Intercellular communication in the liver is a potentially important mechanism for the regulation of hepatic metabolism. Since alcohol (ethanol, ETOH) can interact with both parenchymal and nonparenchymal cells, the present study was performed to assess the possible effects of ETOH on the nonparenchymal cell‐to‐hepatocyte signal traffic by studying the glycogenolytic and glycolytic response of the perfused rat liver to colloidal carbon, a phagocytic stimulus for Kupffer and sinusoidal endothelial cells. Livers from fed rats were perfused with hemoglobin‐free Krebs Ringer bicarbonate buffer containing ETOH (20 mm) or acetaldehyde (1 mm). Twenty minutes after initiating the infusion of ETOH or acetaldehyde, colloidal carbon was infused and the rate of carbon uptake, glucose, lactate and pyruvate output, and oxygen consumption were determined. In control livers, carbon stimulated the output of glucose (60%), lactate (25%), and pyruvate (53%), without affecting the lactate/pyruvate ratio. ETOH, but not acetaldehyde, enhanced the carbon effect on glucose output (38%), but suppressed the increased lactate and pyruvate output (48% and 91% respectively) resulting in a dramatic 10‐fold increase in the lactate/pyruvate ratio. By using inhibitors of cyclooxygenase or alcohol dehydrogenase (indomethacin and 4‐methylpyrazole, respectively) in the presence of carbon and/or ETOH, we determined that: (1) following carbon stimulation prostaglandins are the likely mediators secreted by nonparenchymal cells that increase carbohydrate output; and (2) the ETOH‐induced enhancement of carbonstimulated glycogenolysis is also mediated by prostaglandins and is not dependent on the oxidative metabolism of ETOH.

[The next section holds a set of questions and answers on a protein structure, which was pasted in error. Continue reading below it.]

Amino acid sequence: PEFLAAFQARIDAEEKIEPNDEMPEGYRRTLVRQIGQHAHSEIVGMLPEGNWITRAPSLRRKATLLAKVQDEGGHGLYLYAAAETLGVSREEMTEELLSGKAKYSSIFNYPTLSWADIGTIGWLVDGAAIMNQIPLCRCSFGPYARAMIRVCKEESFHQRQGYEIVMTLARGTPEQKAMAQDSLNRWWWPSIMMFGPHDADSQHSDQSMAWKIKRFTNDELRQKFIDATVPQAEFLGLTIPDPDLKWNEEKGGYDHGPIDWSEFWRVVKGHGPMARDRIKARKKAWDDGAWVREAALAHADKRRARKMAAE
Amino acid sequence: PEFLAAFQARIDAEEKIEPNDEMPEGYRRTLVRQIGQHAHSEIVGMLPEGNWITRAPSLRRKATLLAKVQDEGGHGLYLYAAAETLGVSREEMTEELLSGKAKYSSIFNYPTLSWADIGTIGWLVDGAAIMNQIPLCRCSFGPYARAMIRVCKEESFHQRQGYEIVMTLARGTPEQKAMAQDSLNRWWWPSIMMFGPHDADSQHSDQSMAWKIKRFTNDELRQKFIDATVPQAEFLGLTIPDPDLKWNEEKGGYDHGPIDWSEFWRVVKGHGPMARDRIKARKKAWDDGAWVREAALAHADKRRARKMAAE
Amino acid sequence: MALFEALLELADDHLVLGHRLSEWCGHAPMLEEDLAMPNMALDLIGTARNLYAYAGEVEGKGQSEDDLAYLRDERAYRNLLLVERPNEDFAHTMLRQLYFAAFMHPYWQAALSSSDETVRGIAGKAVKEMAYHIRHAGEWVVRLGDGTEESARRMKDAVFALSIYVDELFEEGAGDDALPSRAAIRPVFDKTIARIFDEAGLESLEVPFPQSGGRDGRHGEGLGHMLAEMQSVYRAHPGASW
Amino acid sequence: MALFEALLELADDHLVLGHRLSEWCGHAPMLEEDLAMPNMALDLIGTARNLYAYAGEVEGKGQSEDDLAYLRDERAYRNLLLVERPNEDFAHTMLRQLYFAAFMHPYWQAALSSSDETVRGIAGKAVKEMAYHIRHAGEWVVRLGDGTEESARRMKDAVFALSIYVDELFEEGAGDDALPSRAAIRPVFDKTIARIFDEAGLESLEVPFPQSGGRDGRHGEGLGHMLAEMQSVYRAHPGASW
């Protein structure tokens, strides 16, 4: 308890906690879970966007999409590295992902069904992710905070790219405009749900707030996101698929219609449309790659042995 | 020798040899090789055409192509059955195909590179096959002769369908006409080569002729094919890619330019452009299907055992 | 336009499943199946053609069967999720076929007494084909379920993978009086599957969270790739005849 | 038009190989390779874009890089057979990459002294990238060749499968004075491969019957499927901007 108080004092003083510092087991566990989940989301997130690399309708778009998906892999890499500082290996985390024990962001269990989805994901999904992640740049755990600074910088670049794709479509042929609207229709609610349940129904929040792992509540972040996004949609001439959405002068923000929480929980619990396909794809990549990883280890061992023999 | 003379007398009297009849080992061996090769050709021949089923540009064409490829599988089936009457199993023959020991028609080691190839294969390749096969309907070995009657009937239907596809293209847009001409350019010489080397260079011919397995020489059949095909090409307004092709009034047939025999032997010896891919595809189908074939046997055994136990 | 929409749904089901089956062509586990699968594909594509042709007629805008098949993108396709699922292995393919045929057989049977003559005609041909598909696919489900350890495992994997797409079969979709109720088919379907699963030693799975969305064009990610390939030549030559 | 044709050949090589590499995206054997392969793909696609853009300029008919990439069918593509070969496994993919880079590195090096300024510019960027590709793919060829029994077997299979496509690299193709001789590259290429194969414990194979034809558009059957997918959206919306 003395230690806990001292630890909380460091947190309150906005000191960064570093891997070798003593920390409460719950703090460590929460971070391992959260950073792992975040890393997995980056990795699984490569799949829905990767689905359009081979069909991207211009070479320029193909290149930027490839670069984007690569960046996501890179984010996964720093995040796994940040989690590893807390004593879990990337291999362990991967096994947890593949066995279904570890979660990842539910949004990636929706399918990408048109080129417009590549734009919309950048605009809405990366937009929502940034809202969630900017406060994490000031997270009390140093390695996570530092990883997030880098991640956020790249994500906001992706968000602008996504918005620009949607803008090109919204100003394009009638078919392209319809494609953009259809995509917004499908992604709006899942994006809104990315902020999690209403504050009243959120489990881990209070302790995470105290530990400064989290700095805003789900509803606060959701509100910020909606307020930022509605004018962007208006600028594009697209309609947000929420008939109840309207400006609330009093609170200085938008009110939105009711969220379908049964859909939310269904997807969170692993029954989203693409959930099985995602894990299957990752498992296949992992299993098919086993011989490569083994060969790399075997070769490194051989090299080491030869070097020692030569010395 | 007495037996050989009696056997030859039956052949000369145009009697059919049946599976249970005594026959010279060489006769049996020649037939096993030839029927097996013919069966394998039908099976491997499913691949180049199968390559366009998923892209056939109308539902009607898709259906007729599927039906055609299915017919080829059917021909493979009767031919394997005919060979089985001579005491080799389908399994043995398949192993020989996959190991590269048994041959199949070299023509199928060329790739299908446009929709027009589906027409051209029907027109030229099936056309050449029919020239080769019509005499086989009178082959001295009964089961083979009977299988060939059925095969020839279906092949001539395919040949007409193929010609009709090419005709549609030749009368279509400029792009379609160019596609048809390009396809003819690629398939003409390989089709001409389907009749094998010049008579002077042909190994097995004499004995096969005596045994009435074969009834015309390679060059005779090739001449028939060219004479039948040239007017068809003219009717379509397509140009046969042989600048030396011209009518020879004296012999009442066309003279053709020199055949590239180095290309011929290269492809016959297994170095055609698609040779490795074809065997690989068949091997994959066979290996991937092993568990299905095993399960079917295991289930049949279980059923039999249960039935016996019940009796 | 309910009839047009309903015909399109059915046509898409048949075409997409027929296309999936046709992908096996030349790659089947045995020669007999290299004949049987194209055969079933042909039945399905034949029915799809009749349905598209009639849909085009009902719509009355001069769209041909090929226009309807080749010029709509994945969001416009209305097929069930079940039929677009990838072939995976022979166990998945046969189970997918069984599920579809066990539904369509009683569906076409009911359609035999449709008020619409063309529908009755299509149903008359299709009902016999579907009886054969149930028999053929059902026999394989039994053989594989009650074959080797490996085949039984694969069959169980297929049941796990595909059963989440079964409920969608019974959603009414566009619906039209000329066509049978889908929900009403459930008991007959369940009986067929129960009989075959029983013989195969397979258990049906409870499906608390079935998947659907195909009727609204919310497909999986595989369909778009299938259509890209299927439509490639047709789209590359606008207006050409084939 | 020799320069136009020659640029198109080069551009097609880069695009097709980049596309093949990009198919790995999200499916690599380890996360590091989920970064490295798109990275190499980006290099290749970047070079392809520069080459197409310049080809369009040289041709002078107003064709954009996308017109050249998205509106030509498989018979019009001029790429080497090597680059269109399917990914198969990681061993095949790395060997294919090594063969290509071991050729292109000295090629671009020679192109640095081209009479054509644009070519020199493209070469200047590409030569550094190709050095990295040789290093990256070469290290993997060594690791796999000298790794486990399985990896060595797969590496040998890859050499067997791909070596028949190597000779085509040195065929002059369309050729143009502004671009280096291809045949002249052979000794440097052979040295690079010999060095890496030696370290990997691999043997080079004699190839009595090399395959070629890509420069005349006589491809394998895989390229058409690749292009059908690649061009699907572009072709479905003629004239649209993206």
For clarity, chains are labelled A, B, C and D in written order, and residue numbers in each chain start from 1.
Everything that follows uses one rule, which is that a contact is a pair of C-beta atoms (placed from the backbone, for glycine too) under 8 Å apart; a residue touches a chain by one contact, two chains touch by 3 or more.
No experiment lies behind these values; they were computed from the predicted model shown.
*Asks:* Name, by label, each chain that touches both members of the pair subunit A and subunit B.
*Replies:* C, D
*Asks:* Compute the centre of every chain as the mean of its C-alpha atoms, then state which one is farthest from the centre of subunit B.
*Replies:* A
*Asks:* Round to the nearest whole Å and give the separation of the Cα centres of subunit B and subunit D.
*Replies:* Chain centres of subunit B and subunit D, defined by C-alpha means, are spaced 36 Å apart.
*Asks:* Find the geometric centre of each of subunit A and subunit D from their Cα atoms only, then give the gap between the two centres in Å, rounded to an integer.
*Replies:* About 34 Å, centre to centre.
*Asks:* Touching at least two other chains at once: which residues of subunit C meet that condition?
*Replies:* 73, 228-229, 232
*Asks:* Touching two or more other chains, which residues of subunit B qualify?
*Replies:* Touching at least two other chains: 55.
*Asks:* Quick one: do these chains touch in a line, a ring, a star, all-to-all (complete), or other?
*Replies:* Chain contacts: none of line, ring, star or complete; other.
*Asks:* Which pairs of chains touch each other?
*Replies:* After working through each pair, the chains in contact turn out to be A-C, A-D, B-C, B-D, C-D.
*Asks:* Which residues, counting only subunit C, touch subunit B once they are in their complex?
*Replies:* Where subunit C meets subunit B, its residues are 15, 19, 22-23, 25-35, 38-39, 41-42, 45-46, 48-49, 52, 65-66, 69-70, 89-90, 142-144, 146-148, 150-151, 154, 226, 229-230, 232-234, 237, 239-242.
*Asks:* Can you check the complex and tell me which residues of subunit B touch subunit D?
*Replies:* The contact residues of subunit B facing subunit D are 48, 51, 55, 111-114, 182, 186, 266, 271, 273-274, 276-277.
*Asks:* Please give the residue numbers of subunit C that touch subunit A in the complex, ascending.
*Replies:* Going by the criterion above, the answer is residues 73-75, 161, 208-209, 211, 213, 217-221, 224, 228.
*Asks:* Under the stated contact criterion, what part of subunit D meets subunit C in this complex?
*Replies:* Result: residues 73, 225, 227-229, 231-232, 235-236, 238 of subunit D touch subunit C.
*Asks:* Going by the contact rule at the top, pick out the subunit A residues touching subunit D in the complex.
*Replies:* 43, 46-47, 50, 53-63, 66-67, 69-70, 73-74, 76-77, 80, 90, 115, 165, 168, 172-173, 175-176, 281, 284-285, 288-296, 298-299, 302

|Original language||English (US)|
|Number of pages||8|
|Journal||Alcoholism: Clinical and Experimental Research|
|State||Published - Jan 1 1993|
All Science Journal Classification (ASJC) codes
- Medicine (miscellaneous)
- Psychiatry and Mental health